Place the crumbled chorizo onto a heated fry pan (no oil is needed), and cook until some pieces are crisp. The amount to cook depends on how much each person would want. One tablespoon is enough for me, but my husbands likes about four tablespoons. Think of it as crumbled bacon bits on top of a salad to determine how much to cook for each person.
Next, fill a large saucepan with water and bring to a boil. While the water is heating up, slice the broccoli into long, thin, bite size pieces, keeping a lot of the stems attached to the broccoli flower head. After the water boils, add a few shakes of salt, and add the broccoli. Turn on the timer for 5 minutes. Check the broccoli (taste a piece) to see if it’s done enough for your liking. Some people like broccoli fairly raw, but I like broccoli that’s firm, but soft enough so that my teeth still sink into the stalks fairly easily. You probably won’t need to cook the broccoli more than 9-10 minutes. After the broccoli is cooked, drain the water through a colander. Then, add the drained broccoli to a salad spinner to remove any excess water; this makes it easy to get the guacamole to stay on, and won’t thin out the dressing.
In a large glass bowl, add the broccoli, diced red onion, and dried cranberries. Add one cup of guacamole (this is the dressing) to the bowl, and toss with your hands so that all of the broccoli is coated with the guacamole. Plate ¾ to 1 cup of broccoli on a large plate. Remove the cooked chick peas from the oven and place on a hot pat. Add three or more tablespoons of chickpeas on top of the plated broccoli. Then sprinkle one tablespoon of chopped walnuts on top. Lastly, add the cooked chorizo bits on and around the plate. Serve cold or cooled down.
Vitamin K2 works with vitamins A, D, and calcium to strengthen bones and keep our bodies healthy and running efficiently. Without vitamin K2, calcium could end up in joints and arteries. Lack of this essential vitamin is linked to osteoporosis, atherosclerosis, bone fractures, plaque in coronary arteries, vitamin D toxicity, insulin resistance, MS, excess body fat, and even cancer. “Vitamin K2 completely blocks free radical accumulation” (pg 112). “Vitamin K deficiency is also linked to Alzheimer’s’” (pg. 113) and “…increases our risk of diabetes” (pg 112). How does Vitamin K do this? It has many roles, one being that Vitamin K improves insulin absorption. If you think vitamins are not important, a reminder is that doctors insist on pregnant women to take prenatal vitamins to prevent disease and deformity in their unborn children.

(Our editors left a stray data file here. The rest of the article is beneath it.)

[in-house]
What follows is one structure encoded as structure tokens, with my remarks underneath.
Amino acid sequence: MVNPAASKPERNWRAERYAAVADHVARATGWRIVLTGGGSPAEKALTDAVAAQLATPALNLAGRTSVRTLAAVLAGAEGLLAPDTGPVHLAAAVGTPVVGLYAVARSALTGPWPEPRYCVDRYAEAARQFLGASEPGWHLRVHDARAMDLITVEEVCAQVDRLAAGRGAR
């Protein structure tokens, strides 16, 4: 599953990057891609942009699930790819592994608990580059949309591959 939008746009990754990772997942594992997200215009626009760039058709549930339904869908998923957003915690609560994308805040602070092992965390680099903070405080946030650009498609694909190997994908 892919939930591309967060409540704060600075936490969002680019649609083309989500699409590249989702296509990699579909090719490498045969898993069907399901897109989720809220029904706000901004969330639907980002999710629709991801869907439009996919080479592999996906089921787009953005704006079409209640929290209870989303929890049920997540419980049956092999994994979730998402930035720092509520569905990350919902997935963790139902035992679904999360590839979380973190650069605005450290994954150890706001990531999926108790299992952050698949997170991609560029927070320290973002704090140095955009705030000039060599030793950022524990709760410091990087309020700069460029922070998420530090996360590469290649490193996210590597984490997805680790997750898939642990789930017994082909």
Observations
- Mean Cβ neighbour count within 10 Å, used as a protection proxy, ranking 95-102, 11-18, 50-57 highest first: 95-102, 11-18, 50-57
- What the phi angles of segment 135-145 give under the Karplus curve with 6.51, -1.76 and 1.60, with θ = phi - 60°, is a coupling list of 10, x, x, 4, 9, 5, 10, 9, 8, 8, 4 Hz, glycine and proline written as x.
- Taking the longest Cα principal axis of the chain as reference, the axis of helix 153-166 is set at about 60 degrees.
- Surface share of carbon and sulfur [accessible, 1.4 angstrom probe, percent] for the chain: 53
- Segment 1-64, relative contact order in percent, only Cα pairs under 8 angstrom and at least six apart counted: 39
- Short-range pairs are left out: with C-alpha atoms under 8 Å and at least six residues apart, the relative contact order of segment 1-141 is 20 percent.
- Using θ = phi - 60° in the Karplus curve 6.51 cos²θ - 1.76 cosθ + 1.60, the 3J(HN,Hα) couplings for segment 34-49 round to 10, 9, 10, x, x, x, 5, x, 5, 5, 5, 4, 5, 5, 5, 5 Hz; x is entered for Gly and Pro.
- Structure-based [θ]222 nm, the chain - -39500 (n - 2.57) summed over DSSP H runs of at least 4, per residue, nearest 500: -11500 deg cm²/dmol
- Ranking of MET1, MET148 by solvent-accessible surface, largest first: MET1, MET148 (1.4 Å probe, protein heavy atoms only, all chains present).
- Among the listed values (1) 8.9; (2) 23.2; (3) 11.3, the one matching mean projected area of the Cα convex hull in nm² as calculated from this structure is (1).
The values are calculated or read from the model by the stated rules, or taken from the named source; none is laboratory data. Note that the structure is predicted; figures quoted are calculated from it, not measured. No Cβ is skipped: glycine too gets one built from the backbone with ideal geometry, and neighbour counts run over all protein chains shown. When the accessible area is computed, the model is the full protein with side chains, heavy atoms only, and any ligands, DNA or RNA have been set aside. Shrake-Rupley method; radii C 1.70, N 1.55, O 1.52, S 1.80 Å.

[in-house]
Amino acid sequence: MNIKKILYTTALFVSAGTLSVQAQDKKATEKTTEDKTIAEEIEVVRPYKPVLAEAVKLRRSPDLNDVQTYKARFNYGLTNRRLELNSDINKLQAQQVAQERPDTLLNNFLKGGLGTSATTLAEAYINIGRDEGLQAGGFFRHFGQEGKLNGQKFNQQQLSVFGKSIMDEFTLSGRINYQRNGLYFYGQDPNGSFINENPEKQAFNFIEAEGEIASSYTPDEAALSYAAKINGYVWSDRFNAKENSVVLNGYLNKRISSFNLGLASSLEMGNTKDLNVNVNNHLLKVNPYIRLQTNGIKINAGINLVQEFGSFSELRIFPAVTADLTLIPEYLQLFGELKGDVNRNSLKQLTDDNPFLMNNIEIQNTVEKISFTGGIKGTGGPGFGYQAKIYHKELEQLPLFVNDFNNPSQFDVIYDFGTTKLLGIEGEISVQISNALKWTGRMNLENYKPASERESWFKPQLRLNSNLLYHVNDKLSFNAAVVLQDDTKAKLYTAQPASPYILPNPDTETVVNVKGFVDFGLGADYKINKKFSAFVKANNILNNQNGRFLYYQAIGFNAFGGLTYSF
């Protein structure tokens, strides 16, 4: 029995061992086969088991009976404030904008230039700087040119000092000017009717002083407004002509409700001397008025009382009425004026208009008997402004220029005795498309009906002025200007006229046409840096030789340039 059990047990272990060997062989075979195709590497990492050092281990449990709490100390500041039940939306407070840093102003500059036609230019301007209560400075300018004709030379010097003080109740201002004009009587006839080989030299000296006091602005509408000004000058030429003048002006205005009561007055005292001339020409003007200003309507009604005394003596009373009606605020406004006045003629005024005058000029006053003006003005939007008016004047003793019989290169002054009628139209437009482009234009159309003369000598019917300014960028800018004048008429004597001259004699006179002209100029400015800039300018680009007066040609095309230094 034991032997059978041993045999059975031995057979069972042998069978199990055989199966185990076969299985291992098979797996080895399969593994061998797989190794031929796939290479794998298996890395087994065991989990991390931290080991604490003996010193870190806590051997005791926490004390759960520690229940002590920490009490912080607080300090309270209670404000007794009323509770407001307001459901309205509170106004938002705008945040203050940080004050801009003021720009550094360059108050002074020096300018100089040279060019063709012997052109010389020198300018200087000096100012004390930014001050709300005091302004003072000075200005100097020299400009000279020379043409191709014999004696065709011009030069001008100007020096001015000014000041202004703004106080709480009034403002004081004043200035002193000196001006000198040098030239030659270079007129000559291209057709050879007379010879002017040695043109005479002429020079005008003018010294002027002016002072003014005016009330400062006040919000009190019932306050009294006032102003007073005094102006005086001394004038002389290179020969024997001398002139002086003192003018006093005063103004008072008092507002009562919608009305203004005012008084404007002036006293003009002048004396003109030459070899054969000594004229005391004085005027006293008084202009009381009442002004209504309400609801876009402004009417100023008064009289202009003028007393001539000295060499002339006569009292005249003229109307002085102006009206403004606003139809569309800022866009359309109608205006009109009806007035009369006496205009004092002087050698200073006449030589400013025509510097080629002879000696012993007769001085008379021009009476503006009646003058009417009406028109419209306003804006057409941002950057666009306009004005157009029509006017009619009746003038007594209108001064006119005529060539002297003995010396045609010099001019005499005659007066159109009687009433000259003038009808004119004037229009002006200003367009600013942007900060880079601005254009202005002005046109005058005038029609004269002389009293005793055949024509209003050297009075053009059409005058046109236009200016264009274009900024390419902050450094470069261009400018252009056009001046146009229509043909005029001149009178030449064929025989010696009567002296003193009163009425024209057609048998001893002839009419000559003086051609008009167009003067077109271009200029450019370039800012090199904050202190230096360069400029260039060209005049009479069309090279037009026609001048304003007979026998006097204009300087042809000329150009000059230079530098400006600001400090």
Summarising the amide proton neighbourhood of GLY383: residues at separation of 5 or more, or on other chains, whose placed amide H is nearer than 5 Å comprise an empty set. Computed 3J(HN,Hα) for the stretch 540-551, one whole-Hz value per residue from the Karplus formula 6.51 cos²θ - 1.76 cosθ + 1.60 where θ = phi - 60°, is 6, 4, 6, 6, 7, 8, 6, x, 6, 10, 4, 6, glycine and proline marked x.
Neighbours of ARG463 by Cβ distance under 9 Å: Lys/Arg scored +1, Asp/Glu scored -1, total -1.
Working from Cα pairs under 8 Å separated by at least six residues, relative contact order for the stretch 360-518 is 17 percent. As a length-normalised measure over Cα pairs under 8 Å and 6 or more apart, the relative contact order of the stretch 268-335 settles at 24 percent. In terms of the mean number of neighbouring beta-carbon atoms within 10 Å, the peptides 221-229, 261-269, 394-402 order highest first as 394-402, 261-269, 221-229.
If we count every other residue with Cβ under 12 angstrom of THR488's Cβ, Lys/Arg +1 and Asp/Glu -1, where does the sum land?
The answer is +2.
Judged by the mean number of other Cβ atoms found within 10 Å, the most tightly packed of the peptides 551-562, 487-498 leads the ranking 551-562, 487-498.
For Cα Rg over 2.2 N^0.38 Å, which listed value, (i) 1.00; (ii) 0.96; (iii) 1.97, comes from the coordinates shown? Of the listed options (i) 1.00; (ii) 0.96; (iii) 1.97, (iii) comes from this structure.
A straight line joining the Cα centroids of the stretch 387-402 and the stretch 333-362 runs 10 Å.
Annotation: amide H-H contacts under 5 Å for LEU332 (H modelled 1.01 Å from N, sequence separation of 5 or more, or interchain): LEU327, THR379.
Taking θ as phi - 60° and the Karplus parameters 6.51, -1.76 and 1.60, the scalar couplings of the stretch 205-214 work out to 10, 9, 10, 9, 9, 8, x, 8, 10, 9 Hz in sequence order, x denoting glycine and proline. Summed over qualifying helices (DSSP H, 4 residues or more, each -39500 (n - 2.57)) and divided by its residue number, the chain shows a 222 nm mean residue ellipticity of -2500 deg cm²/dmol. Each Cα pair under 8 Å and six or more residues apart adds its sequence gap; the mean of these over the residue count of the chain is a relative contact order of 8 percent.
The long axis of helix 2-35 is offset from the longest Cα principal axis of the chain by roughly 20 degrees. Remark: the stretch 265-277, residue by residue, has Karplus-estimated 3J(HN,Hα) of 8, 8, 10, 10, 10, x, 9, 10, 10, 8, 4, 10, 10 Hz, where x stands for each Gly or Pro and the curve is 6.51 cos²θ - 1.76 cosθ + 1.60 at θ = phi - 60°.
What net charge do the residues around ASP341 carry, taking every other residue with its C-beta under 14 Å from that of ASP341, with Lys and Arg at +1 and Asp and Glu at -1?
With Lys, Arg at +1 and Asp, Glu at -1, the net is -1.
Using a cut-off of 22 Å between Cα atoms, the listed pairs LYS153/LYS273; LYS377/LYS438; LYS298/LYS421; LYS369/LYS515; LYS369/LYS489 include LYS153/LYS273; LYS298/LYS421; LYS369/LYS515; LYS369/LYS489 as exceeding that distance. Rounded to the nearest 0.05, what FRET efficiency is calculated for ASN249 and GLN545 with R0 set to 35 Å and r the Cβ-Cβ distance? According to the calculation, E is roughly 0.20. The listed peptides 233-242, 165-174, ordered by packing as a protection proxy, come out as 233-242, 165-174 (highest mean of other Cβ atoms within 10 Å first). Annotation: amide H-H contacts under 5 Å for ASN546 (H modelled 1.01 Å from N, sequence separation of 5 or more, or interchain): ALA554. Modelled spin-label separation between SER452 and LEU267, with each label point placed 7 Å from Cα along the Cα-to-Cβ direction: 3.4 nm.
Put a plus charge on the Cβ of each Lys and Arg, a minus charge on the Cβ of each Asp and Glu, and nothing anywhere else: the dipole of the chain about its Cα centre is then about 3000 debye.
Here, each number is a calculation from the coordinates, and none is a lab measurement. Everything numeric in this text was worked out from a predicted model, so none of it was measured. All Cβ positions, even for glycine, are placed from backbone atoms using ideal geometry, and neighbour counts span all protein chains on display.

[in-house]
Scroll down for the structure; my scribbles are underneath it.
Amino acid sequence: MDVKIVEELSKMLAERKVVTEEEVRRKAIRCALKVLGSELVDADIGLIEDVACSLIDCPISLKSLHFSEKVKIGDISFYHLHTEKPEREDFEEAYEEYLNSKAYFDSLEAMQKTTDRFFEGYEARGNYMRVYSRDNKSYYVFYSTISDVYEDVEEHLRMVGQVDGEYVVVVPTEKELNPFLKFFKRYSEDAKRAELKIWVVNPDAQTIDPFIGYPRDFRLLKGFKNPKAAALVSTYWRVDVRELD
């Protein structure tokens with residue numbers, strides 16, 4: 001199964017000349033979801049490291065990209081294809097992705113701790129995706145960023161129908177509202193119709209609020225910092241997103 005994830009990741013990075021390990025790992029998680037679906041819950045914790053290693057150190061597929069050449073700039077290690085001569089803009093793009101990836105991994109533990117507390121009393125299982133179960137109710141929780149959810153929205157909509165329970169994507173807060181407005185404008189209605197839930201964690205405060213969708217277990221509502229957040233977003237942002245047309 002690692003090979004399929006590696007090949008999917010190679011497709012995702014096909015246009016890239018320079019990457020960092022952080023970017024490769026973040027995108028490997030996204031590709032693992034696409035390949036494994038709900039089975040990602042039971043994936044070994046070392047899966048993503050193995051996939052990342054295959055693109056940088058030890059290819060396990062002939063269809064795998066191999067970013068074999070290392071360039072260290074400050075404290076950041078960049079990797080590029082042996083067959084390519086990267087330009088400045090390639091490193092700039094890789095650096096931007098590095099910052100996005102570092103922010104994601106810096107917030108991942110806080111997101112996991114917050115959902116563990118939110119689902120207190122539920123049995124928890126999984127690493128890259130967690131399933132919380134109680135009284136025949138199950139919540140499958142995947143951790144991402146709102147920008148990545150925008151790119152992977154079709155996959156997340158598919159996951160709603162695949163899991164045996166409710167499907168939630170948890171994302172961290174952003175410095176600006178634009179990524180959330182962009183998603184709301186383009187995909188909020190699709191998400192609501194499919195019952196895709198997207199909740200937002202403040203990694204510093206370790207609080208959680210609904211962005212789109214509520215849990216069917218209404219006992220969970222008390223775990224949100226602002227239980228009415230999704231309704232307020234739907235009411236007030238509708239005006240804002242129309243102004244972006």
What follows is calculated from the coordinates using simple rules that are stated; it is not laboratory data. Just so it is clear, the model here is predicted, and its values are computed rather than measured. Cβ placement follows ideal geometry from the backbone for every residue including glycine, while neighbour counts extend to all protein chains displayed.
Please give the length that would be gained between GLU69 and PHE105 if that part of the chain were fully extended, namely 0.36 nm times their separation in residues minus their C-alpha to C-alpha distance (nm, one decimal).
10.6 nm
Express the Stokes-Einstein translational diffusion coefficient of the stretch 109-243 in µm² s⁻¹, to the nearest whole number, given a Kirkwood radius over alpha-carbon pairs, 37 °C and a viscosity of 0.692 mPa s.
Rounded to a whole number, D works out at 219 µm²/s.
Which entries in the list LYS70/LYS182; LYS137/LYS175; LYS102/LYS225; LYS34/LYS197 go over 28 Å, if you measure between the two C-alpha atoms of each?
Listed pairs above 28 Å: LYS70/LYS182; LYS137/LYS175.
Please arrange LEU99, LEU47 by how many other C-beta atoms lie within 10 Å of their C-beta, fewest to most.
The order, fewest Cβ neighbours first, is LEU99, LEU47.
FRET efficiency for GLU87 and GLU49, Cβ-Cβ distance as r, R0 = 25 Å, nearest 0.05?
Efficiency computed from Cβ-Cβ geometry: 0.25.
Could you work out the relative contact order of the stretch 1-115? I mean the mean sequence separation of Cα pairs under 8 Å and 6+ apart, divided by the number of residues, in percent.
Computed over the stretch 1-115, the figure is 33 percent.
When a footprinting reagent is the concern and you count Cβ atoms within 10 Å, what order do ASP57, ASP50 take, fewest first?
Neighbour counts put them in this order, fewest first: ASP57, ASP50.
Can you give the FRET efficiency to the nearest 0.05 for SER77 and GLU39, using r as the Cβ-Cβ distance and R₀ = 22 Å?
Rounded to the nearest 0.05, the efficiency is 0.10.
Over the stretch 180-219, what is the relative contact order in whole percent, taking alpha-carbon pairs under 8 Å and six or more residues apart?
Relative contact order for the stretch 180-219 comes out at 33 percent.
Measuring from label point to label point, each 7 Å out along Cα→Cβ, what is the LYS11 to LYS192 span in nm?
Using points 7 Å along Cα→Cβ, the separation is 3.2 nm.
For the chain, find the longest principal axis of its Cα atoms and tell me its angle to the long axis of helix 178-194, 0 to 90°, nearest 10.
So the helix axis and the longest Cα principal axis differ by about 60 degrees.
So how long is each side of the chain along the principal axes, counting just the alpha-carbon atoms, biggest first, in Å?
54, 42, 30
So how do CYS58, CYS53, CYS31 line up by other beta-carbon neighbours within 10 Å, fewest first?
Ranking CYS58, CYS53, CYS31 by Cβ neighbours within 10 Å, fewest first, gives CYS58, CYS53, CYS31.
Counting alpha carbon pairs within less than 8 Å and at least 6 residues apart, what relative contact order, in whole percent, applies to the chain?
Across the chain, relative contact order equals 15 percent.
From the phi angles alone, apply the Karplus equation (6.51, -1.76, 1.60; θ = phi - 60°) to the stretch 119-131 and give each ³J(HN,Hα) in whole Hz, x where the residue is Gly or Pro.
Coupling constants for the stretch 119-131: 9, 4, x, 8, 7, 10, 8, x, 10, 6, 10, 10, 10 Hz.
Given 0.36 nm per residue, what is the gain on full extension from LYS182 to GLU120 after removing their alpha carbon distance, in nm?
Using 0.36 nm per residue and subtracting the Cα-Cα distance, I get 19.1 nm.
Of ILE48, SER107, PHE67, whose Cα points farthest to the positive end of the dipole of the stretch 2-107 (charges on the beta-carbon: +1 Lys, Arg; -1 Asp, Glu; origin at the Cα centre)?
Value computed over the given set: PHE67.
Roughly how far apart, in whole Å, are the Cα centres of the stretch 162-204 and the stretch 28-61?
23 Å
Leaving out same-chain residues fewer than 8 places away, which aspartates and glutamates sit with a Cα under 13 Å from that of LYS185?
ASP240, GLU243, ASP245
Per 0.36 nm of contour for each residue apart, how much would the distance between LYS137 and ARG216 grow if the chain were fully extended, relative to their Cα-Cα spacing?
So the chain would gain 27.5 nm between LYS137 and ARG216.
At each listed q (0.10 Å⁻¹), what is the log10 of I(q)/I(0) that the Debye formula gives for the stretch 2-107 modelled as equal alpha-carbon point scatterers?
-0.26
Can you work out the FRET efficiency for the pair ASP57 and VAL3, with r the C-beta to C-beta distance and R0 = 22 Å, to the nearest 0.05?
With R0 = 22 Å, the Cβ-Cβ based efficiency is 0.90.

Never heard of K2? Most people haven’t. When people think of Vitamin K, that’s K1 from green leafy green vegetables, which doesn’t readily convert to K2. It’s rare that people are deficient in Vitamin K1. K2 sources used to be abundant, but because of practices to increase profits, instead of increasing nutrients in the foods we eat, most people are deficient in K2.
K2 comes from fat, butter, and liver from animals that roam freely in the sun and eat grass (now they are fed blood, organs, and grain, and are sheltered in small confined spaces), and from bright orange egg yokes from chickens who are out in the open air, getting natural vitamin D from sunshine. K2 also comes from natto, which is spoiled, slimy soybeans that is found in some Japanese diets. You can get your K2 from kimchi, a fermented cabbage dish with vegetables (I tried it and my stomach hurt for hours), and from emu oil (which you can buy and use to moisturize your skin).
Joint pain could be caused from eating sugar, a lack of exercise, or from a deficiency of K2; Calcium can settle in joints instead of building bones. K2 pushes calcium where it needs to go and ushers it away from where it shouldn’t. K2 deficiency could also be an indication of frozen shoulder where the shoulder becomes calcified, resulting in pain and limited range of motion.
When searching for a K2 vitamin, look for K2 with MK-7. You don’t want Vitamin K2 with MK-4, that’s synthetic, and potentially harmful. If you’re vegan, you don’t want MK-4 because that’s from animal products. Even if you’re not vegan, MK-4 isn’t the most beneficial form of K2. You want the natural non-animal form of K2, which is MK-7. Look for one that is non-GMO and has the GMP designation, which stands for good manufacturing practices.
Dr. Kate Rheamume-Bleue, author of “Vitamin K2 and the Calcium Paradox,” recommends taking vitamins A, D3, K2, magnesium and calcium together with some fat. You can omit the Vitamin A as long as you take these vitamins with food containing protein. If you’re taking blood thinners, she recommends no more than 50 mcg of K2 MK-7 per day (see 2nd link below). If you cannot find this small amount of MK-7 by itself, you can, instead search for a multi-vitamin which will typically have less MK-7. She recommends 120 mg of MK-7 for most people, but she ups the dosage for her type 2 diabetic and overweight patients to 240 mg of MK-7.
This is one I ordered:
K2 MK-7 90 mcg $11.86 60 soft gels https://www.amazon.com/Jarrow-Formulas-MK-7-mcg-Count/dp/B0013OVVFA/ref=sr_1_4_s_it?s=hpc&ie=UTF8&qid=1524754518&sr=1-4&keywords=jarrow+k2
For those on blood thinners:
Low dose 45 mcg MK-7: https://www.amazon.com/Life-Extension-Low-Dose-Vitamin-Softgels/dp/B001KSNDSM/ref=sr_1_4_s_it?s=hpc&ie=UTF8&qid=1524755902&sr=1-4&keywords=life%2Bextension%2Bvitamin%2Bk2%2Bmk-7&th=1